The report, which analyzed the 2007-08 school year, found schools are offering fruits and vegetables most or every day, more whole grains and fewer helpings of french fries. However, there is still considerable progress to be made, the foundation says; pizza is available most every day, too, and students could buy sugar-sweetened drinks in vending machines, à la carte lines, store or snack bars at 71 percent of middle schools and 92 percent of high schools.
The nation’s middle and high schools are feeding students somewhat healthier lunches, but are falling short in providing physical activity to students, a report from the Robert Wood Johnson Foundation‘s Bridging the Gap program has found. And while soft drinks and sugary snacks are available in most schools, Kentucky is an exception.
Those numbers are lower in Kentucky due to a state mandate enacted in 2005. That law prohibits students from beign served anything but water, 100 percent fruit juice, low-fat milk or beverages that have fewer than 10 grams of sugar per serving during the school day. It also prohibits anything but those types of drinks from being available in school vending machines during the school day.
In the 2008 national survey, principals said 1 in 4 middle-school students ate breakfast at school and nearly 3 in 4 ate lunch there. But among high-school students, only 18 percent eating school breakfast and 60 percent school lunch. In schools with higher percentages of students eligible for free and reduced lunch, “both breakfast and lunch consumption were significantly greater, indicating that school meals were an especially important source of nutrition for students in low socioeconomic status schools,” the report reads.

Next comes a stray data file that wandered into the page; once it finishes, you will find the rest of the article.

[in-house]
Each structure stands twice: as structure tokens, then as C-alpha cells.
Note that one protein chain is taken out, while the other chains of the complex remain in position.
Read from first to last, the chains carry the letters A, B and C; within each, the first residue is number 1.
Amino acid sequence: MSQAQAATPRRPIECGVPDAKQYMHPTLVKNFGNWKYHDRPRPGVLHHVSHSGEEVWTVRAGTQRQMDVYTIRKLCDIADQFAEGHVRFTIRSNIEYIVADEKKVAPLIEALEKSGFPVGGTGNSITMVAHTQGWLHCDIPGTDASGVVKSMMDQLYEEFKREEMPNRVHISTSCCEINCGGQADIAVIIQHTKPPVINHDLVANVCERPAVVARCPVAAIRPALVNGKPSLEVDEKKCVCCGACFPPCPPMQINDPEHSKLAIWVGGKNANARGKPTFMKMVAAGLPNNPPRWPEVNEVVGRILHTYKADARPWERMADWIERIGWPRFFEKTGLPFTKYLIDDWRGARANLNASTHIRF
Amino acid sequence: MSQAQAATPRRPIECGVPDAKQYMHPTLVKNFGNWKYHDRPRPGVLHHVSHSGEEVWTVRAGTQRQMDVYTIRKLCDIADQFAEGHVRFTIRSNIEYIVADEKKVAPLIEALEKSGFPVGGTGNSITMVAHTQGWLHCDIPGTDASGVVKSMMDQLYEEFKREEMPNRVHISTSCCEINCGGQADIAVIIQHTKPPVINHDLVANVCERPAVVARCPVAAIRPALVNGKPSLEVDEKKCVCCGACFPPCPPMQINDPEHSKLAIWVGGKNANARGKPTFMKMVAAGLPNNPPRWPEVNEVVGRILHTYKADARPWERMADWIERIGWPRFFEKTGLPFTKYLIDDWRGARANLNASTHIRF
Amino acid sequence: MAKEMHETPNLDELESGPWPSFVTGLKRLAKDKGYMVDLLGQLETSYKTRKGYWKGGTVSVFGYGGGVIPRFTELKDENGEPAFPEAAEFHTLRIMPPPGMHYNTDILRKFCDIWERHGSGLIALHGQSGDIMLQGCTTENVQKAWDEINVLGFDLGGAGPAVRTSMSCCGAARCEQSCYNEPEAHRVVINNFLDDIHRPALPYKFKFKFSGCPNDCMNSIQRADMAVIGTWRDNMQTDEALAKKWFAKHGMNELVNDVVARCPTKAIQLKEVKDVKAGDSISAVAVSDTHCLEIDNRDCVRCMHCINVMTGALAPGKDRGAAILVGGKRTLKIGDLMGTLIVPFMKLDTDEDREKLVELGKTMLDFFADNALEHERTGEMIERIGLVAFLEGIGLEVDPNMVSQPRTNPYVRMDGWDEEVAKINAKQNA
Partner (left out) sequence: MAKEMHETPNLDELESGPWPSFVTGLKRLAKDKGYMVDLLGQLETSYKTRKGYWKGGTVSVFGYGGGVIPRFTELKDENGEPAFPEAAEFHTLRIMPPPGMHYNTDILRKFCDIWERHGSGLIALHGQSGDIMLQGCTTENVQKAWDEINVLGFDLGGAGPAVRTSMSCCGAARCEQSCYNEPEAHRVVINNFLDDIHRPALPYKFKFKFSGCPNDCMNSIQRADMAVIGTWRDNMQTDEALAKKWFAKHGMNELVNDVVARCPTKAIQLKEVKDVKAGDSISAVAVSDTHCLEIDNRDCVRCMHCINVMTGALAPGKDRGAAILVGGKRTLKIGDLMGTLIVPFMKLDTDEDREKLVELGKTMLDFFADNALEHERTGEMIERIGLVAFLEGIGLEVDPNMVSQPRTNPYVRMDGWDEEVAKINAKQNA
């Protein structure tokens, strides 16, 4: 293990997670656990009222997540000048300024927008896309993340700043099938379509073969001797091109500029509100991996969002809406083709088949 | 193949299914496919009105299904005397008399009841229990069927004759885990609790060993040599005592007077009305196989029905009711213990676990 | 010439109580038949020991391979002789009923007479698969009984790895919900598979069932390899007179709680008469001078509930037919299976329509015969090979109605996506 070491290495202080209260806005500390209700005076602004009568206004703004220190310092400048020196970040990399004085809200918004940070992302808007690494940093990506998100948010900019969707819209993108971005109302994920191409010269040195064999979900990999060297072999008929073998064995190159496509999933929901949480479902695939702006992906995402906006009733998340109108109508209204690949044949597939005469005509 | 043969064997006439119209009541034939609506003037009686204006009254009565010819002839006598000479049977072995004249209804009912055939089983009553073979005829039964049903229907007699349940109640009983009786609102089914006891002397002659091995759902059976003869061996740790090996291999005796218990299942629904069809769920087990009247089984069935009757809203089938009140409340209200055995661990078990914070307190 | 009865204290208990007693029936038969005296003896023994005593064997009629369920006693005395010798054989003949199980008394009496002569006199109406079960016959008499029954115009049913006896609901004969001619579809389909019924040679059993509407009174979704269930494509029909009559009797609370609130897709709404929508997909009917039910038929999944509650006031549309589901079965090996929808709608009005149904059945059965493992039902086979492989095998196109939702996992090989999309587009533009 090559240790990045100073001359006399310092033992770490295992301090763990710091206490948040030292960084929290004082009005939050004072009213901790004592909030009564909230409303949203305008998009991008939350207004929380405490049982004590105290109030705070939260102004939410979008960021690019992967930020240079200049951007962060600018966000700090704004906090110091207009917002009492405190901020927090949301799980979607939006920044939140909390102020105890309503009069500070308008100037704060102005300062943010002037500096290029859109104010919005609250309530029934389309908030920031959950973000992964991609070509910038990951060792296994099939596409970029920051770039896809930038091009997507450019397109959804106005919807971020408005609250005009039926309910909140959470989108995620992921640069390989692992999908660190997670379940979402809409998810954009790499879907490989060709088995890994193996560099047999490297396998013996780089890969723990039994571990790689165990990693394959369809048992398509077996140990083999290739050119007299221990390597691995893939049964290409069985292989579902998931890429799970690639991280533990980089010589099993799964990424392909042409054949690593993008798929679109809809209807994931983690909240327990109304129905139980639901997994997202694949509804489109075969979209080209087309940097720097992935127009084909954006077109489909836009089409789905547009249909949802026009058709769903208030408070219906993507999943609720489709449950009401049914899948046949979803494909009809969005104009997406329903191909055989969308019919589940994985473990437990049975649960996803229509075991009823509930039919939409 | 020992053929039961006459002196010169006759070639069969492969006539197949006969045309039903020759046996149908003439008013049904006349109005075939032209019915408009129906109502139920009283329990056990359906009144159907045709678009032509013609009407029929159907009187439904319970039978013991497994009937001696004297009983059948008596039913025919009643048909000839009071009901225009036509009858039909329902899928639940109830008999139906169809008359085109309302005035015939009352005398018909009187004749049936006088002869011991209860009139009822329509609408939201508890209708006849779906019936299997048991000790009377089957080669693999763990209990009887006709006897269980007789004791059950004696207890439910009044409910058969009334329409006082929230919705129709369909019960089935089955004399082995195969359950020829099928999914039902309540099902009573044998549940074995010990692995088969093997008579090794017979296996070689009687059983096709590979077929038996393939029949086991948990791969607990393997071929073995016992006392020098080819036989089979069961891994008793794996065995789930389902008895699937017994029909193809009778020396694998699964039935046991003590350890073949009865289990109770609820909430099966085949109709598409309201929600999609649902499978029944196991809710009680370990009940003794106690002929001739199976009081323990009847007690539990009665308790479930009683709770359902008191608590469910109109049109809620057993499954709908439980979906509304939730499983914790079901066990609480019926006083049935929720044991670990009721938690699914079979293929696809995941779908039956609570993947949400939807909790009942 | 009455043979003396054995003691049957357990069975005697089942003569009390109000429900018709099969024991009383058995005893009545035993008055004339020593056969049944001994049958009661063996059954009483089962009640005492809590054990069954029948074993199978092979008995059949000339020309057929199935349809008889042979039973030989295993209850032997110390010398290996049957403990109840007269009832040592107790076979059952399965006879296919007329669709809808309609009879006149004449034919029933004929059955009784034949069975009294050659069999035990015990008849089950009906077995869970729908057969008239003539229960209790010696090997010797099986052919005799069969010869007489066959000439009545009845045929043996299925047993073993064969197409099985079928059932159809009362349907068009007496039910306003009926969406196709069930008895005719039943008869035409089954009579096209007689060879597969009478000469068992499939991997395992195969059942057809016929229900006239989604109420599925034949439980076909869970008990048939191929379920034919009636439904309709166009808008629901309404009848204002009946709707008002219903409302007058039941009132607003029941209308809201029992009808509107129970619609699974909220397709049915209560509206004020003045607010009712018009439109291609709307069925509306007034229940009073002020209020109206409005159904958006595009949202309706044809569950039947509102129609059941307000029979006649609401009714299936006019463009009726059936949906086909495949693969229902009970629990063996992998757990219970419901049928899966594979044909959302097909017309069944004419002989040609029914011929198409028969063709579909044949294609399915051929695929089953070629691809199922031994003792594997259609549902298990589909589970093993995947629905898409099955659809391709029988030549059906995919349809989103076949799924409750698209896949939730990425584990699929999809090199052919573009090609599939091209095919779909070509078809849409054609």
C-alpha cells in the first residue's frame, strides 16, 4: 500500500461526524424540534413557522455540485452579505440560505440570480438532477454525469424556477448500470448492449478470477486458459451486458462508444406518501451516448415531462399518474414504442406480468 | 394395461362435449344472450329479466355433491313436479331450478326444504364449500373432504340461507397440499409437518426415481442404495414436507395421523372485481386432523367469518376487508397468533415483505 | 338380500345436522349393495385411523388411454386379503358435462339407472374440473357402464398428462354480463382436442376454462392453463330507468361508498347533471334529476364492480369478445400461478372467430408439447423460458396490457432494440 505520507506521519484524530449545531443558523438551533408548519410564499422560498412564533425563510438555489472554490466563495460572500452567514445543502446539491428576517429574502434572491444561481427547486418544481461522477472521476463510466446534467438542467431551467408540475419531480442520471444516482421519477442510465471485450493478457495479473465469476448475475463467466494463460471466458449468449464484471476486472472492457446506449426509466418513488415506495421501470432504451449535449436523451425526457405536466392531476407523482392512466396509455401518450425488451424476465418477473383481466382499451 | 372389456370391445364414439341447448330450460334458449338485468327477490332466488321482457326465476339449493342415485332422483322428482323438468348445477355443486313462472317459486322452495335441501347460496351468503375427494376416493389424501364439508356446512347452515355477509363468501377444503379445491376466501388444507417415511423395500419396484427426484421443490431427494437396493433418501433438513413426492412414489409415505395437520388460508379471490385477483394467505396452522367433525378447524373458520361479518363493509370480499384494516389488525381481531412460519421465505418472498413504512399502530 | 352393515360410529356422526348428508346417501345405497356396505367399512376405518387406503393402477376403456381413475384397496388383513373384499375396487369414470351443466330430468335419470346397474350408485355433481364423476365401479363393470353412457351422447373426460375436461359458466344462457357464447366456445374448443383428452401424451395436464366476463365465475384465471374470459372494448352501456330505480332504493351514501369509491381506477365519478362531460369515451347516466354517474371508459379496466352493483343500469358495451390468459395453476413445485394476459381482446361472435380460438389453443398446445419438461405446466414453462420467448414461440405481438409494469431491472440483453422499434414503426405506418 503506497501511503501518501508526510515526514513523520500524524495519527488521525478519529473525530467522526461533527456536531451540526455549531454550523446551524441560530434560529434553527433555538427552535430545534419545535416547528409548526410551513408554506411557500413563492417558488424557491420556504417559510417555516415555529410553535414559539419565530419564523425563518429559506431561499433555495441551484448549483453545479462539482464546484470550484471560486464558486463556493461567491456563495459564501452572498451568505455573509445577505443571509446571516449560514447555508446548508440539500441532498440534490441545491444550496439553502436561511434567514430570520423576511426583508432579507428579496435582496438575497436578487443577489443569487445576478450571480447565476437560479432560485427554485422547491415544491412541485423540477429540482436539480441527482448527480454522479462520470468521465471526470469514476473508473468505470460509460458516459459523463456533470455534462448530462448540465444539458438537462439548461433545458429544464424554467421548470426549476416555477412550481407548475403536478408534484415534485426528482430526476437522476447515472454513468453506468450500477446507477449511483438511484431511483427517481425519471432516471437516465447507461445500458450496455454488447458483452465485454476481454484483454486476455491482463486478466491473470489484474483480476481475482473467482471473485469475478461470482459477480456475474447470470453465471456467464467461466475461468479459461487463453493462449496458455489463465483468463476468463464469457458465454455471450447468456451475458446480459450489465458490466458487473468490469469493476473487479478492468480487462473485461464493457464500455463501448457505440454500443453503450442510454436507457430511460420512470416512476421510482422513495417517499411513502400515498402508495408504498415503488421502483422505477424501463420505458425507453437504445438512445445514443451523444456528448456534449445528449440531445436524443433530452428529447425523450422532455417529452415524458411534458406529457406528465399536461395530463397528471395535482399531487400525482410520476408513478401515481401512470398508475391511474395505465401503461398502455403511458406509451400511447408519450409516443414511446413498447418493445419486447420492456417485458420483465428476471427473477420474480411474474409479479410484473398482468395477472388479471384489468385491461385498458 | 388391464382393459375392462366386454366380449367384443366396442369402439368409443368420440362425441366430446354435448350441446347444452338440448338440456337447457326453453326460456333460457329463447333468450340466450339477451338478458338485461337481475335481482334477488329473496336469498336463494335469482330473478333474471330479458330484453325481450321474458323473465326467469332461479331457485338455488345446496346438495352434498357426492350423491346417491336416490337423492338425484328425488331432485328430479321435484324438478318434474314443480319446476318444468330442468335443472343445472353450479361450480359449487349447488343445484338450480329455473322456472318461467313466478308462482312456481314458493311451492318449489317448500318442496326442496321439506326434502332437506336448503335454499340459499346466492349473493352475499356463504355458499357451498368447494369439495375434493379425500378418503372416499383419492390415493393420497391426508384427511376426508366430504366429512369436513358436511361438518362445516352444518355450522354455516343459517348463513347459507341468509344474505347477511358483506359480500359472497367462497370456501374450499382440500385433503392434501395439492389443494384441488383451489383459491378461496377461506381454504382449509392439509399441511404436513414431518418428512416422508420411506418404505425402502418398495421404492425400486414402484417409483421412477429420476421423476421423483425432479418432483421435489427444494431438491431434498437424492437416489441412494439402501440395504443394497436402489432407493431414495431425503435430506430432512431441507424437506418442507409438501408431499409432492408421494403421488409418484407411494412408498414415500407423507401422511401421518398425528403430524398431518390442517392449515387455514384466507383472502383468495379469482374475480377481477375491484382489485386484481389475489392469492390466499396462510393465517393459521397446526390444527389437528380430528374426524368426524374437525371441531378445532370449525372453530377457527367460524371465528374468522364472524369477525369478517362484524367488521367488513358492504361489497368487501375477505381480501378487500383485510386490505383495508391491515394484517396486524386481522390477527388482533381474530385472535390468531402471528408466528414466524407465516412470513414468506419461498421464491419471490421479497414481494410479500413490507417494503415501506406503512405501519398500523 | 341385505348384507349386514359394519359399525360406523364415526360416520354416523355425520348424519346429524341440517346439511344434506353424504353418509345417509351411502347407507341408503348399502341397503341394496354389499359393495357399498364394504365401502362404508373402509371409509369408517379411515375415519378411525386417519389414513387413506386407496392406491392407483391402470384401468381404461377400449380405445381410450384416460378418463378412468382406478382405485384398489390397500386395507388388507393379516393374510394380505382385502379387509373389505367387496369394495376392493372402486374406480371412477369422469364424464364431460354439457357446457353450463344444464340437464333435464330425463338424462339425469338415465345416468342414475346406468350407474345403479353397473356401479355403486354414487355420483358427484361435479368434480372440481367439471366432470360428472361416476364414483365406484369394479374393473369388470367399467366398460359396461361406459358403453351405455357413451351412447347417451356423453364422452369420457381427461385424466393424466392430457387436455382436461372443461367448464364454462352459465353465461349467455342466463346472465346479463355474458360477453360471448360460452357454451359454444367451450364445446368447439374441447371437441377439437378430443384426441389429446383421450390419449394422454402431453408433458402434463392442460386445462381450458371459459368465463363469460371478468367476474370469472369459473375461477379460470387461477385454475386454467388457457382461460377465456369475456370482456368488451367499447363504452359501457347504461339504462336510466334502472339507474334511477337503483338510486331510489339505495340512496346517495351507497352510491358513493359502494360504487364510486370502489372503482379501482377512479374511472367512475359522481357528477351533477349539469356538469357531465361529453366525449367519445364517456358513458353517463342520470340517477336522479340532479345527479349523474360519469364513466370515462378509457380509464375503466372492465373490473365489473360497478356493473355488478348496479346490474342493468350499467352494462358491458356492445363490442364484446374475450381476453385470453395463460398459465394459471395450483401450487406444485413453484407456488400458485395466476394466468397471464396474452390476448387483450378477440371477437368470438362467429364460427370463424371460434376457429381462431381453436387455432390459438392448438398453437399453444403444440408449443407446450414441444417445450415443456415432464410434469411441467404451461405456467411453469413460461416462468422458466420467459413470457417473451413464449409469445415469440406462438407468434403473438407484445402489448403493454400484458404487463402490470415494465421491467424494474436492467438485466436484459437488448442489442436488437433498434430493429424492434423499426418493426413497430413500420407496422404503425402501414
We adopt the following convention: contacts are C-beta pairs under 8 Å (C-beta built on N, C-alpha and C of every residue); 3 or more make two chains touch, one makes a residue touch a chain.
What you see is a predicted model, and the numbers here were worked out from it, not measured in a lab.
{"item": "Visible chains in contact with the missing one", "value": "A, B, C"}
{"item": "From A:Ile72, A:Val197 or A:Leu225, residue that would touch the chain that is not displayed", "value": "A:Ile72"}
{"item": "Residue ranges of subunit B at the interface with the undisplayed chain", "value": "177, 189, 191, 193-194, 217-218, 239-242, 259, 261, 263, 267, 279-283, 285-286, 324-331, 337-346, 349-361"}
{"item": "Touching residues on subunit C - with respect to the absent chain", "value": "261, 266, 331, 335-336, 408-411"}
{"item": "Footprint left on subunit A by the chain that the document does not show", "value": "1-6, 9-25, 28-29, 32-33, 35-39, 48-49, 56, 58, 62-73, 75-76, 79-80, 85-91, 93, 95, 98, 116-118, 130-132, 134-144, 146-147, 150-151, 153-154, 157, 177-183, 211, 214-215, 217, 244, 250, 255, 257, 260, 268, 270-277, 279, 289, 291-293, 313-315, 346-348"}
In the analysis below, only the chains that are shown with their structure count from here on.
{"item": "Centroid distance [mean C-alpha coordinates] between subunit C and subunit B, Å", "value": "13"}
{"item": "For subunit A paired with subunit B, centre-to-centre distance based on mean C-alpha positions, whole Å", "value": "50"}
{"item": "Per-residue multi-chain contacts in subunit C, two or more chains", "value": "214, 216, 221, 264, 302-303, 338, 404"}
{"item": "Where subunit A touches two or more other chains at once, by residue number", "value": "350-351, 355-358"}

Physical education was required for a part of the school year for 83 percent of middle-school students, but only 35 percent of high-school students. Only 10 to 13 percent of high-school students and 21 to 24 percent of middle-school students participated in intramural sports and physical activity clubs in 2008. Only a fourth of middle-school students and 14 percent of high-school students biked or walked to school in 2008.
The study is based on surveys that were mailed back from principals, food-service managers and other staff. In 2007, 222 middle schools and 224 high schools responded. In 2008, 265 middle schools and 262 high schools participated in the survey. The response rate from schools was 76 percent in 2007, 77 percent in 2008. The conclusions come in time for the implementation of the Healthy, Hunger-Free Kids Act of 2010. (Read more)